• Inclusion: For many with visual and vocal disabilities, language technology may be an absolute prerequisite to their participation in the Irish language communities.
• Maintenance and preservation: Particularly with regard to the status of Irish in the eyes of the younger, digitally-oriented generation.
Furthermore, language technology is generally acknowledged today as one of the key growth areas in information technology. The Horizon 2020 EU Framework for Research and Innovation plans for significant research funding in language technology. This new investment, combined with Science Foundation Ireland's existing investments in this space through CNGL, represents an unprecedented opportunity for language technology research and development in Ireland. The outcomes of such R&D will help to support the country's significant language industry. A rapidly growing sector, there are currently 166 translation and interpreting services companies in Ireland, representing an estimated €686 million to the Irish economy in 2011.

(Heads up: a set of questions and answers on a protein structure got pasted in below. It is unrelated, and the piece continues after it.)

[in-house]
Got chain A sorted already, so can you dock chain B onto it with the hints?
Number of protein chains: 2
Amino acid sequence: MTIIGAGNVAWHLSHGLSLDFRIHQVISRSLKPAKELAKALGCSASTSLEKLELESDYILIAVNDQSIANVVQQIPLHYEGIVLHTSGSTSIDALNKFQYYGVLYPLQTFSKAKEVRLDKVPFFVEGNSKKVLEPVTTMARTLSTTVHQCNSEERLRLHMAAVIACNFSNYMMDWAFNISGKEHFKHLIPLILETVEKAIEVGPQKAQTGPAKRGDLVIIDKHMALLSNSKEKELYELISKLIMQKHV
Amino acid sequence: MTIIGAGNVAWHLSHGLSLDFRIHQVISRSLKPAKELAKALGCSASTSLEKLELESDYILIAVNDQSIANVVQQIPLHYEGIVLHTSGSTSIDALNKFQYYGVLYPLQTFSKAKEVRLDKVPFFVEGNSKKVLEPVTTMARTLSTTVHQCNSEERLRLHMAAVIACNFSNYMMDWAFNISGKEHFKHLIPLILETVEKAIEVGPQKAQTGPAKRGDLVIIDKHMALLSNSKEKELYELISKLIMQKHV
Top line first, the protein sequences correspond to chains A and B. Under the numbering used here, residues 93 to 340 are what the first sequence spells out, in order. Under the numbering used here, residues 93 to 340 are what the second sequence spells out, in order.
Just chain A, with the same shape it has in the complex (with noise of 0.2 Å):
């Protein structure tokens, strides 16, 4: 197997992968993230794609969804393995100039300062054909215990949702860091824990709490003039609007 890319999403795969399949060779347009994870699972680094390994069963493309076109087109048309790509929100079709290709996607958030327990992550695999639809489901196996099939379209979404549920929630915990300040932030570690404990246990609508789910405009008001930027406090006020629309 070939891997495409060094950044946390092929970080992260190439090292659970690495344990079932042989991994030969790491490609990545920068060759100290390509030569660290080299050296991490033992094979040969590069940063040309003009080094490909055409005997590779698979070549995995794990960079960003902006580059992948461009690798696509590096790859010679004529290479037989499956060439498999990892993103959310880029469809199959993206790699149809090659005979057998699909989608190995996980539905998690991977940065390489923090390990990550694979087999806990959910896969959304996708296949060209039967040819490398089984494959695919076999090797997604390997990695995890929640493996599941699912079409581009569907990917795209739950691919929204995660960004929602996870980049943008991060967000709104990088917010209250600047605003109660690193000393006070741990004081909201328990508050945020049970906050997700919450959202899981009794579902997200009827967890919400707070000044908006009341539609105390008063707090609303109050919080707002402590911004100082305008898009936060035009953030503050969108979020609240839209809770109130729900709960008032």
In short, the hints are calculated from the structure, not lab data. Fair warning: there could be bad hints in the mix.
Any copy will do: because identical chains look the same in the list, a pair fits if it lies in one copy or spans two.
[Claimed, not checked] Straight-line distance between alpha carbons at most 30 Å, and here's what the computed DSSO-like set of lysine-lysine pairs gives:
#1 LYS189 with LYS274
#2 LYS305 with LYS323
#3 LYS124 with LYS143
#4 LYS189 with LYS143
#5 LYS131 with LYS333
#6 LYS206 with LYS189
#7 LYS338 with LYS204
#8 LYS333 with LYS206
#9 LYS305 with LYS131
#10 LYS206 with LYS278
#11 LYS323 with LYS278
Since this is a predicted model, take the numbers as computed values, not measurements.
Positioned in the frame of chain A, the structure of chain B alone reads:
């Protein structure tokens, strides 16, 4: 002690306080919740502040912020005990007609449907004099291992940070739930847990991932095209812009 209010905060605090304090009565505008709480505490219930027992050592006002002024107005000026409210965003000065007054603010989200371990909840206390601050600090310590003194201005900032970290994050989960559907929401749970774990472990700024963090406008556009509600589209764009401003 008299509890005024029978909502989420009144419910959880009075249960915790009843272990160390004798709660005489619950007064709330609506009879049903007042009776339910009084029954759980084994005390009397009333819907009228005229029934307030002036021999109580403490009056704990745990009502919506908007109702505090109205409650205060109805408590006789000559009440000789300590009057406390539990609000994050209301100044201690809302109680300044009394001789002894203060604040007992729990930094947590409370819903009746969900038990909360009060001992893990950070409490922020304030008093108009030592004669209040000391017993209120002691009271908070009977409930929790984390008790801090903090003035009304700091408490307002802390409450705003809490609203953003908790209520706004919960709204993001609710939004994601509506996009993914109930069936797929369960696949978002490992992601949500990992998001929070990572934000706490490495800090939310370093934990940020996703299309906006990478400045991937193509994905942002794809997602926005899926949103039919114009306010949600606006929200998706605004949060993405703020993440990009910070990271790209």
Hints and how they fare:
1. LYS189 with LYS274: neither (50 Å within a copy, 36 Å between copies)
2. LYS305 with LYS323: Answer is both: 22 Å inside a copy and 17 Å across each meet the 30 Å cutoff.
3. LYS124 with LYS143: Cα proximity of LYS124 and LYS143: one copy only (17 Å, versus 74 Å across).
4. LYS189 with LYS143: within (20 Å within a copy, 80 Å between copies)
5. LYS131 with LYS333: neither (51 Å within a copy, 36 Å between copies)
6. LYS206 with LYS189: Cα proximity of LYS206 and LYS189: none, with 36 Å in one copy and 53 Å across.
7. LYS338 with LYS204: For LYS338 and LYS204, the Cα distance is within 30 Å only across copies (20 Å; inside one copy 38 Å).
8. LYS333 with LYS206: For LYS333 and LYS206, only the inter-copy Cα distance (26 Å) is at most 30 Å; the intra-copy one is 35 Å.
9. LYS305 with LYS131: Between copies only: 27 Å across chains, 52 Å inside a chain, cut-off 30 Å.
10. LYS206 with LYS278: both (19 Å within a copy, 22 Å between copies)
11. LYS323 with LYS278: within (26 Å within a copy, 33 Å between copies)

Speaking on European Day of Languages (26th September), a day which recognises the importance of fostering and developing the rich linguistic and cultural heritage of Europe, Dr John Judge of the Centre for Next Generation Localisation based at Dublin City University, a co-author of the White Paper, believes that there must be a co-ordinated approach at European and national level to safeguarding minority languages,
`A wide-ranging, coordinated effort focused on language technologies would help safeguard the future of the Irish language, together with other languages, and establish a genuine multilingual agenda for Europe and the world as a whole. Europe and Ireland must take action to prepare its languages for the digital age. They are a precious component of our cultural heritage and, as such, they deserve future-proofing.'
"The current situation where there is a clear and growing demand for technologies which both support and enable the Irish language and many the vast array of global languages represents a unique opportunity for LT research and development in Ireland."
The White Paper cites examples of software supports that already exist for Irish, including Irish language versions of Google, Mozilla Firefox and Microsoft Windows. Clare-based company eTeams localised Microsoft Office 2010 and Windows 7 into Irish. eTeams Managing Director Nana Luke believes that translation plays an important part in maintaining Irish as a vibrant language and generating digital content,